Saturday, June 26, 2010

The Nature of Reality

From the web site,

“The great Taoist master Chuang Tzu once dreamed that he was a butterfly fluttering here and there. In the dream he had no awareness of his individuality as a person. He was only a butterfly. Suddenly, he awoke and found himself laying there, a person once again. But then he thought to himself, " ‘Was I before a man who dreamed about being a butterfly, or am I now a butterfly who dreams about being a man?’ "
Take a moment to think about what that means. Reread that paragraph and really think about it. I’ll wait. Then continue reading below for my thoughts on it.

How do we really know if we are awake or dreaming? What is this reality that we perceive? Do we believe in what our senses tell us? That’s risky. Our senses can be fooled in so many ways. My eyes tell me the world is flat. I know that isn’t true. My sense of balance tells me that the ground is stable. I know that isn’t true. The earth is rotating on its axis at over 1000 mph.

Do we believe in what scientists and doctors tell us? That’s risky, too. Doctors tell us that our body is a collection of chemicals that react together to give us awareness. Scientists are unable to detect the presence of qi. I know from personal experience that qi exists. These same scientists have shown that acupuncture works but they can’t explain why. Their view of the nature of reality is very incomplete.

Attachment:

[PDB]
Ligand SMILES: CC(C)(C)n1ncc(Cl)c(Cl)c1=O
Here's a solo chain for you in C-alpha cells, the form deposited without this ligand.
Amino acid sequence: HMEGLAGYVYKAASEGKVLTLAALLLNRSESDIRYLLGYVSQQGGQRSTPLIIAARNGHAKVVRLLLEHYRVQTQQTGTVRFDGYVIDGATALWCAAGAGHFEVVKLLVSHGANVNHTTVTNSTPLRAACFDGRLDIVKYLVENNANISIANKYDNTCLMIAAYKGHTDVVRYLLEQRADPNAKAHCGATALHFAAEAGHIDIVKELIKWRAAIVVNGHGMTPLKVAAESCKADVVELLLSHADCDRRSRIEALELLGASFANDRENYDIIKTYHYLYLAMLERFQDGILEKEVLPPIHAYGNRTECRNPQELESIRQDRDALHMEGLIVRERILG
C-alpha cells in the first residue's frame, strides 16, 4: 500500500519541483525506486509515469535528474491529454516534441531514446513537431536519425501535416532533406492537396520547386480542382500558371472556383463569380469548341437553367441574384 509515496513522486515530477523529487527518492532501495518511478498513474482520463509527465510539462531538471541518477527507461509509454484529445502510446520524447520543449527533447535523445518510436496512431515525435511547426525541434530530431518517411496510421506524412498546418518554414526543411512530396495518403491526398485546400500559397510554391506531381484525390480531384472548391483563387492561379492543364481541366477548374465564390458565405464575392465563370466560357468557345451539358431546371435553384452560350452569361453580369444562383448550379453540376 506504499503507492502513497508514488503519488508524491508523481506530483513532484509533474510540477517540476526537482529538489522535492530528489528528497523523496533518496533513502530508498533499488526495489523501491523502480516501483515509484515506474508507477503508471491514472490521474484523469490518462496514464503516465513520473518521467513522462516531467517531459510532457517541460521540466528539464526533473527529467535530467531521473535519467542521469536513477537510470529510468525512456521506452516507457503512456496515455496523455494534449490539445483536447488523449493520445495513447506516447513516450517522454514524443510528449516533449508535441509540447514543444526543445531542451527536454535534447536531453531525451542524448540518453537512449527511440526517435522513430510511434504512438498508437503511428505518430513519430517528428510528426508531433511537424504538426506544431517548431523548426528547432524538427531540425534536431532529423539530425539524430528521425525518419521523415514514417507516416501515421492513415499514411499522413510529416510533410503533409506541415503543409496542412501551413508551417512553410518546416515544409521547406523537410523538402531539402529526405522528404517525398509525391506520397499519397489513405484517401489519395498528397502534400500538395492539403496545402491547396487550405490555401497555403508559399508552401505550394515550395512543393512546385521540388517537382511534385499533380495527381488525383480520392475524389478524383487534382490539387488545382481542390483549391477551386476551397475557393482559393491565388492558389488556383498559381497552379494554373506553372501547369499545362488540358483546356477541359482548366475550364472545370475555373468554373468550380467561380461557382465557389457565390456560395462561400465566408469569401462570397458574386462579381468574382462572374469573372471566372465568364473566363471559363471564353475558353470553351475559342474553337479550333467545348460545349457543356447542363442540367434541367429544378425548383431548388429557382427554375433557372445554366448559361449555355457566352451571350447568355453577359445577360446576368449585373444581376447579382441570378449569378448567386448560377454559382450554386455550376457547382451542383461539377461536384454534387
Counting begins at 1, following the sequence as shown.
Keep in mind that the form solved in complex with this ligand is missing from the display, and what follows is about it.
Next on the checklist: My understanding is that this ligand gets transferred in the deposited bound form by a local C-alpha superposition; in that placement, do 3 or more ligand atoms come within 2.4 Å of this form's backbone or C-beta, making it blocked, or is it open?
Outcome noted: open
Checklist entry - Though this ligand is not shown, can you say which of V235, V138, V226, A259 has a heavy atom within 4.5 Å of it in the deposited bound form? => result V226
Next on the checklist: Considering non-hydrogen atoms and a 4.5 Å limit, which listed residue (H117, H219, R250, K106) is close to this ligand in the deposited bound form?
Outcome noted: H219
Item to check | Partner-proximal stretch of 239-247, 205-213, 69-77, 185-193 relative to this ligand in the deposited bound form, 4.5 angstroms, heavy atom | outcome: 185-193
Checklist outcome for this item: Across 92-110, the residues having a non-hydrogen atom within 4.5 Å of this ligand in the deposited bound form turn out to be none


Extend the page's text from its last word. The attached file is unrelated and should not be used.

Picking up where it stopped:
Reality should be the same for the scientist, philosopher, Buddhist, Christian, Muslim, magician, atheist, or any other observer. Unfortunately, this doesn’t seem to be true, either. In the Tibetan traditions, reincarnation is a fundamental principle of reality. To an enlightened person, there is personal experience in the form of memories of past lives that justifies this view of reality. In the Christian traditions, God as a creator is a fundamental principle of reality. There is personal experience in the form of prayer and conversations with God that justifies this view of reality.

According to Buddhist traditions, Vipassana meditation gives us a better understanding of the nature of relative reality. From the web site,
“Although Vipassana does not introduce us to the absolute, it is designed to help us see much that must be seen, and in my view (and that of most Buddhist teachers) it is the place to start. We first need to learn to quiet the mind and look with detachment at the relative reality into which we are heavily immersed and identified. The Tibetan Buddhist practice of Dzogchen and the Advaita Vedanta of Nisargadatta, on the other hand, seek to introduce us to the absolute. Yes, underlying the relative world of mental information, and allowing it to exist, is that enabling something we usually call awareness.”

So where do we go with this? I have no idea. It looks like I have a lot of work in front of me.

© 2010 Eric Borreson

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